Ponds and Lakes Animals

Platypus
Platypus
Class: Mammalia: Mammals Diet: Crustaceans
Order: Monotremata: Monotremes
Size: 140 - 175 cm (55 - 69 in)
Family: Ornithorhynchidae: Platypus Conservation Status: Non-threatened
Scientific Name: Ornithorhynchus anatinus Habitat: lakes, rivers
Range: Eastern Australia, Tasmania

Size of PlatypusThe platypus is a semiaquatic animal, and many of its physical characteristics are adaptations for its life as a fresh-water predator. Its legs are short but powerful, and the feet are webbed, though the digits retain large claws, useful for burrowing. On the forefeet the webs extend beyond the claws and make efficient paddles; on land, the webs can be folded back to free the claws for digging. On each ankle the male platypus has a spur connected to poison glands in the thighs; these spurs are used against an attacker or against a competing platypus but never against prey. The poison is not fatal to man but causes intense pain.  The platypus's eye and ear openings lie in furrows which are closed off by folds of skin when the animal is submerged. Thus, when hunting underwater, the platypus relies on the sensitivity of its tactile, leathery bill to find prey. The nostrils are toward the end of the upper bill but can only function when the head is in air. Young platypuses have teeth, but adults have horny, ridged plates on both sides of the jaws for crushing prey.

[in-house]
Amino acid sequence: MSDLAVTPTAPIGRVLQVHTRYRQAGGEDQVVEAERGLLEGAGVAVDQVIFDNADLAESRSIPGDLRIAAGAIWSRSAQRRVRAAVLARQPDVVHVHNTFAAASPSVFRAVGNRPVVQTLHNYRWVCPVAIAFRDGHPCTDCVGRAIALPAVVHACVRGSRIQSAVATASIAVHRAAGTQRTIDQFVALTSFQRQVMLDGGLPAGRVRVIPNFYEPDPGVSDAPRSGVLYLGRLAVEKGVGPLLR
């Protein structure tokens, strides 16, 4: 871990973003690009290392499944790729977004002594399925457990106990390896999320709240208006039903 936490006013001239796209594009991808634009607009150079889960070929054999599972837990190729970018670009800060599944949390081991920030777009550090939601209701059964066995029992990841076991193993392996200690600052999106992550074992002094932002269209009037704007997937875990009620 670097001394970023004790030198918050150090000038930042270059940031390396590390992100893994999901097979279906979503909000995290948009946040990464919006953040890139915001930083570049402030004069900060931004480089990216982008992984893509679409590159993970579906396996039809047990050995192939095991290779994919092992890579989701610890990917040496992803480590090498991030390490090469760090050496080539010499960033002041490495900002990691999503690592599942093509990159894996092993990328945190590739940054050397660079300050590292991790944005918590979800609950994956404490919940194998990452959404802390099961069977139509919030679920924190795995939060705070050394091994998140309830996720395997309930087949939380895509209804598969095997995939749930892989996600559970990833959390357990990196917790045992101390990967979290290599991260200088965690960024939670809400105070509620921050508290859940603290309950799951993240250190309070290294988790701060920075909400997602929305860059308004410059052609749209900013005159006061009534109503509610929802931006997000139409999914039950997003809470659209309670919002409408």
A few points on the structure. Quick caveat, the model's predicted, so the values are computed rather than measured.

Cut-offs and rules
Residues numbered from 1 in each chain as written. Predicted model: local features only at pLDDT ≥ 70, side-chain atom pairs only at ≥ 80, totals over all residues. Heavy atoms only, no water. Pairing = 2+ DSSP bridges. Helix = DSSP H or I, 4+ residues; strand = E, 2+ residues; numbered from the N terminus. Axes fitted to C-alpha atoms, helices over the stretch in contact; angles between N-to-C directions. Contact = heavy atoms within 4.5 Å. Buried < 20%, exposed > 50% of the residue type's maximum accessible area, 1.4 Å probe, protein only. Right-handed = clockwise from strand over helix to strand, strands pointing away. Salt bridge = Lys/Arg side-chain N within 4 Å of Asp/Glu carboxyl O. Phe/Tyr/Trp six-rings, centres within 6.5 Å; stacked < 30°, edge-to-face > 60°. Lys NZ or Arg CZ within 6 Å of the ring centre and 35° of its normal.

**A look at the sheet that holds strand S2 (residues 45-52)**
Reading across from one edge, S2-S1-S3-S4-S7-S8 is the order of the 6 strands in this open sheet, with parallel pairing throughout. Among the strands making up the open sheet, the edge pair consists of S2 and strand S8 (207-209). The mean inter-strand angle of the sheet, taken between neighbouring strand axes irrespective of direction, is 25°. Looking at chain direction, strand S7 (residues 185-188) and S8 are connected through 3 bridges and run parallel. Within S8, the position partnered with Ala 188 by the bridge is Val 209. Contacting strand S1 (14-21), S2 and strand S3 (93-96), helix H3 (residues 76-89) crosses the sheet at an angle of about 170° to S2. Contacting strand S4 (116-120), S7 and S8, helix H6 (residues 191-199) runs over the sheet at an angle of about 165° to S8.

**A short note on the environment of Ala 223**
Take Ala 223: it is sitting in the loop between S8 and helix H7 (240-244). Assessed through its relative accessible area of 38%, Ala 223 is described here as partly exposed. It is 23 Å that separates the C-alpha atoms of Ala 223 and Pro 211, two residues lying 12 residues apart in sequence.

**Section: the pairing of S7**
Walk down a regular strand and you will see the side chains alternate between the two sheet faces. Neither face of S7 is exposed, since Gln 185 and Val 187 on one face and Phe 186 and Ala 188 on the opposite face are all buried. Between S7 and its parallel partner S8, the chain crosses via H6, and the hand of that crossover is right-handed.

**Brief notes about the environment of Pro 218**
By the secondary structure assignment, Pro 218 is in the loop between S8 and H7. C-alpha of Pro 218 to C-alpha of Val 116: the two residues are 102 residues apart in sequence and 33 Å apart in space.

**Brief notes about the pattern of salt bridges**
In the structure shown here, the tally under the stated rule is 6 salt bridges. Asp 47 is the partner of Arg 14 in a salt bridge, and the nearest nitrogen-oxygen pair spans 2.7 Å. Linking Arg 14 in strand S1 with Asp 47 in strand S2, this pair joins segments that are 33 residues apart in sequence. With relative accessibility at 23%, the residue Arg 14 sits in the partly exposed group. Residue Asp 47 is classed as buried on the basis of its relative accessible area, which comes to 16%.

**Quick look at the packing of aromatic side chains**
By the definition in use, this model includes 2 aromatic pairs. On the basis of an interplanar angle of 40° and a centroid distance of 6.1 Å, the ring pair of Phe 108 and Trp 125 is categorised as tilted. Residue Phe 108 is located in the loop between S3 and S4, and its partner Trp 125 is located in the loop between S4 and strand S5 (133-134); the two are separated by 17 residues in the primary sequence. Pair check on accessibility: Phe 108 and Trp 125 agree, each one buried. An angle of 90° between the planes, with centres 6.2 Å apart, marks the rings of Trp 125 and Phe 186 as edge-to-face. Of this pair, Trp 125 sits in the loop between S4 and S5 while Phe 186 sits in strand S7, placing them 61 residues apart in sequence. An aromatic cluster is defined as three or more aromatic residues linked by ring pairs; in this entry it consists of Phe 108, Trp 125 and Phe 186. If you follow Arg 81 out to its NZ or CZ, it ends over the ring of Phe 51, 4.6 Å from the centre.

Range of PlatypusThe platypus feeds mainly at the bottom of the water, making dives lasting a minute or more to probe the mud with its bill for crustaceans, aquatic insects and larvae. It also feeds on frogs and other small animals and on some plants. Platypuses have huge appetites, consuming up to 1 kg (2 1/4 lb) of food each night.  Short burrows dug in the riverbank above the water level are used by the platypus for refuge or during periods of cool weather. In the breeding season, however, the female digs a burrow 12 m (40 ft) or more in length, at the end of which she lays her 2 or 3 eggs on a nest of dry grass and leaves; the rubbery eggs are cemented together in a raft. She plugs the entrance to the burrow with moist plant matter, and this prevents the eggs from drying out during the 7-to 14-day incubation period. When the young hatch, they are only about 1.25 cm (1/2 in) long and helpless. Until they are about 5 months old, they feed on milk, which issues from slits in the mother's abdominal wall. Unlike spiny anteaters, they do not draw up tucks of skin into pseudonipples but lap and suck the milk off their mother's abdominal fur.

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